Monday, July 6, 2009

Day 153: Michael Clayton (2007) - Rank 4.5/5


This was one of the best thrillers I've seen in years and certainly one of the best films of 2007. Within the first ten minutes, we see Michael Clayton (George Clooney) standing in a field, petting a horse, when his car blows up. Before you can utter "The hell?" the story jumps back two weeks and a whirlwind of events spill forth, inexorably leading up to the assassination attempt on Clayton. Once the film catches back up to itself, the scene is even more haunting that it first seemed - reminiscent of the opening scenes in "Beyond the Valley of the Dolls."

Michael Clayton is a "cleaner" for a powerful law firm If there's a problem, he's sent in to fix it. While the notion of such an avocation might seem utterly cool at first, that romanticized idea is soon dashed as Clayton sinks darker into the corporate underbelly, as he tackles one of the most daunting jobs in his career. The task? Reign in the firm's senior partner, Arthur Edens (Tom Wilkenson) who went absolutely daft while in the middle of defending one of the firm's biggest clients - an international, agriculture corporation. Edens suffered a breakdown after discovering that the firm was defending the corporation, despite knowing that the corporation is guilty of putting harmful chemicals in ground water. Clayton must stop Eden before he disgraces the firm and little does he know that the corporation's legal counsel, Karen Chowder (Tilda Swinton), is set out to accomplish the same task, but in a more ruthless manner.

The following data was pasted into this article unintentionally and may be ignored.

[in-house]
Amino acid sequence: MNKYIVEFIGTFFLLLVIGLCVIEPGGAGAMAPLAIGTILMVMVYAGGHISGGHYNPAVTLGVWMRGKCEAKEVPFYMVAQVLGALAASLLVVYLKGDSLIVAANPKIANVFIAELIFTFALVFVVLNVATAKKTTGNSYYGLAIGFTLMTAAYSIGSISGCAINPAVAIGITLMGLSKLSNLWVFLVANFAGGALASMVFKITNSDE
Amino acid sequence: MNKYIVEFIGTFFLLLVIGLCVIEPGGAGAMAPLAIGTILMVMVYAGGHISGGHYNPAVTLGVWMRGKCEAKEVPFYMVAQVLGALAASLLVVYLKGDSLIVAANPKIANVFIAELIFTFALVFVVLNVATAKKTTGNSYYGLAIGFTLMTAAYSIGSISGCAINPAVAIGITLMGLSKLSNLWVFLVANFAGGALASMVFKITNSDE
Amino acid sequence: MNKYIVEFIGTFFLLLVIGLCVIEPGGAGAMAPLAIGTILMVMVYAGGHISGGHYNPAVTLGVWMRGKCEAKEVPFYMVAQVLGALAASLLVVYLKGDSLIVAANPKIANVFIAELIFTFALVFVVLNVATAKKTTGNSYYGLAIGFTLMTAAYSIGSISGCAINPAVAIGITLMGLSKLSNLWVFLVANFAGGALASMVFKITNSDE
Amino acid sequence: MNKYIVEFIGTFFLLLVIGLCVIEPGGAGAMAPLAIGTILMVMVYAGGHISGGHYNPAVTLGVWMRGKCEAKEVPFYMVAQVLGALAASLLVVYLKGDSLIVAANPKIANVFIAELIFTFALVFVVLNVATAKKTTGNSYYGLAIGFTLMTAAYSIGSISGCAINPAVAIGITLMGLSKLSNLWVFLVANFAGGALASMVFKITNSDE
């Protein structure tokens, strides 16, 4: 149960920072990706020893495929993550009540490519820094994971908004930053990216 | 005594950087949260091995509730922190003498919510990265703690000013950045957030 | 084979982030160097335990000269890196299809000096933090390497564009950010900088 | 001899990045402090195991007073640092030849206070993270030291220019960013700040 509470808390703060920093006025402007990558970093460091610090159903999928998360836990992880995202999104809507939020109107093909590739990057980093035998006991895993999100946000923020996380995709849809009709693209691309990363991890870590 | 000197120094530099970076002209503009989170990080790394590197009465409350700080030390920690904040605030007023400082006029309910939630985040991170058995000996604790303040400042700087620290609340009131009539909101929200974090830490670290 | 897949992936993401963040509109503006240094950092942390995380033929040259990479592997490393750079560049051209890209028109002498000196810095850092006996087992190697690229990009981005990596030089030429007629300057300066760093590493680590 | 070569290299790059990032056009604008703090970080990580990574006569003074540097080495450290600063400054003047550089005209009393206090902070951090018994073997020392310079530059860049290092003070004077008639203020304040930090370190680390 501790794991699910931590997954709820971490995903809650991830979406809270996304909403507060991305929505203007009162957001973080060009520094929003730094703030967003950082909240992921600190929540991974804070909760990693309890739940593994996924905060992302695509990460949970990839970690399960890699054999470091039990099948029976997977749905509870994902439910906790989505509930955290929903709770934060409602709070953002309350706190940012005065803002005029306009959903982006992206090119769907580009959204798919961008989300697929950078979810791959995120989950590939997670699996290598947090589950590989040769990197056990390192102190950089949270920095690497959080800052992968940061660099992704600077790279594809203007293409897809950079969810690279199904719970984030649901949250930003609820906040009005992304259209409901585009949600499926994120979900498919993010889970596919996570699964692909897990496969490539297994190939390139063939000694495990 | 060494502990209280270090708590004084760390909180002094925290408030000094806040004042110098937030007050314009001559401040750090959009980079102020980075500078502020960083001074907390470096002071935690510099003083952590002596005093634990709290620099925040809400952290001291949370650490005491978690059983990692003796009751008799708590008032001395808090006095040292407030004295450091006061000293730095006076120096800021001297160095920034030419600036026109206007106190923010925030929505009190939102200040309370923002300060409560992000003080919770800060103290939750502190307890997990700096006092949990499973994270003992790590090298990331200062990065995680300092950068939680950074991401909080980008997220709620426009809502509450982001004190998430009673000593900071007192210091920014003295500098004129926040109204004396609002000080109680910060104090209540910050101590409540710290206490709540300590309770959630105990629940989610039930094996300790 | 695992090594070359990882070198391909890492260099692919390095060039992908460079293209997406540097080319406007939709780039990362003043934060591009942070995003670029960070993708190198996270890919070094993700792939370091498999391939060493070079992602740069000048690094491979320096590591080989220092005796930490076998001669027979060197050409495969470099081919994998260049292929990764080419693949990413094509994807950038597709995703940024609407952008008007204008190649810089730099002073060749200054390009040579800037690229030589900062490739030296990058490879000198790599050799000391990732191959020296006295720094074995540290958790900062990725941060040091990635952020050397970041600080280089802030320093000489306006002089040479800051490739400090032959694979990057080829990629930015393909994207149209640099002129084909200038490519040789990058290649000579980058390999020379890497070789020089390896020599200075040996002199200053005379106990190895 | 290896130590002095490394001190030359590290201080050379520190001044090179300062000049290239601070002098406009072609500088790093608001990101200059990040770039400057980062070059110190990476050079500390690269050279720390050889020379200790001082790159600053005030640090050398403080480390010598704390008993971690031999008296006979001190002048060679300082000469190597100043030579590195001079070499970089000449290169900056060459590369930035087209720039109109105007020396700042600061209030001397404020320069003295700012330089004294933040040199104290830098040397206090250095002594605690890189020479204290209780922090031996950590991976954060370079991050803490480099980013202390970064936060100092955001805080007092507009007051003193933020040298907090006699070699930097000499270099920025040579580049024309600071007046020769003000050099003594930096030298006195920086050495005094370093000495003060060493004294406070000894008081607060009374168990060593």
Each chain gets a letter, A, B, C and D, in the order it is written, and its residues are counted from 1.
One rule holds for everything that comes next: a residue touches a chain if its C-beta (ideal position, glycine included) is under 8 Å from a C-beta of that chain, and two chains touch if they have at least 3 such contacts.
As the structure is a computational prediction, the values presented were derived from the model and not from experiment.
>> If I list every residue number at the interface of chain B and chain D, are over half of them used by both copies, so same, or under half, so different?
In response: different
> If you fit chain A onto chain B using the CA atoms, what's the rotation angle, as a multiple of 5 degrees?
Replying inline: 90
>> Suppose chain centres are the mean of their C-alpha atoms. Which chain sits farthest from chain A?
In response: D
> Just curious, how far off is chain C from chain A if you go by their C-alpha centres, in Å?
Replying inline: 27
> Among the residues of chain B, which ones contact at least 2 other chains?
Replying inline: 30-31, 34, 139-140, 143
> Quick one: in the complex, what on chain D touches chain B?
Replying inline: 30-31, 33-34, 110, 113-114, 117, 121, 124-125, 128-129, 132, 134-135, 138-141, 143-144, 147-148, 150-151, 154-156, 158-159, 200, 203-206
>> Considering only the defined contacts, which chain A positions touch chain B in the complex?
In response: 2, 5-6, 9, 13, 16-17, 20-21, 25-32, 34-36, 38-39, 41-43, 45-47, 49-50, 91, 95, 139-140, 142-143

Each character within "Michael Clayton" shares one thing in common: that person must come to terms with his/her conscience to make the decisions that need to occur. Edens couldn't live with the truth, so he defected and Clayton must decide whether he should stand by his law firm or expose the corporation for what it is. It's never presented as an easy decision, making Clayton and many of the other principal characters seem uncertain, flawed and, well...human. Swinton's portrayal of Karen Chowder epitomizes this theme, for she's seen nervously pacing in her hotel rooms, rehearsing speeches prior to presenting to boards of investors with all the ferocity of a true corporate shark. In fact, any time she's confronted, she maintains her ruthless facade, all the while, you can see pain and sadness within her eyes the moment the conflict is over. And there a more versatile actor in Hollywood? He's almost laughably silly at times as Edens, but he terrified filmgoers as Carmine Falcone in "Batman Begins" and garnered sympathy as the father of a slain child n "In the Bedroom." Even Sydney Pollack soars as the firm's stone-cold patriarch. It's such a complex and moving film, I find it fitting that the main visual the viewer is left with afterward is a shot of George Clooney riding in a cab, his expression subtly fluctuating between someone who's fighting off both laughter and tears - a representation of the emotional turmoil of the story's events.

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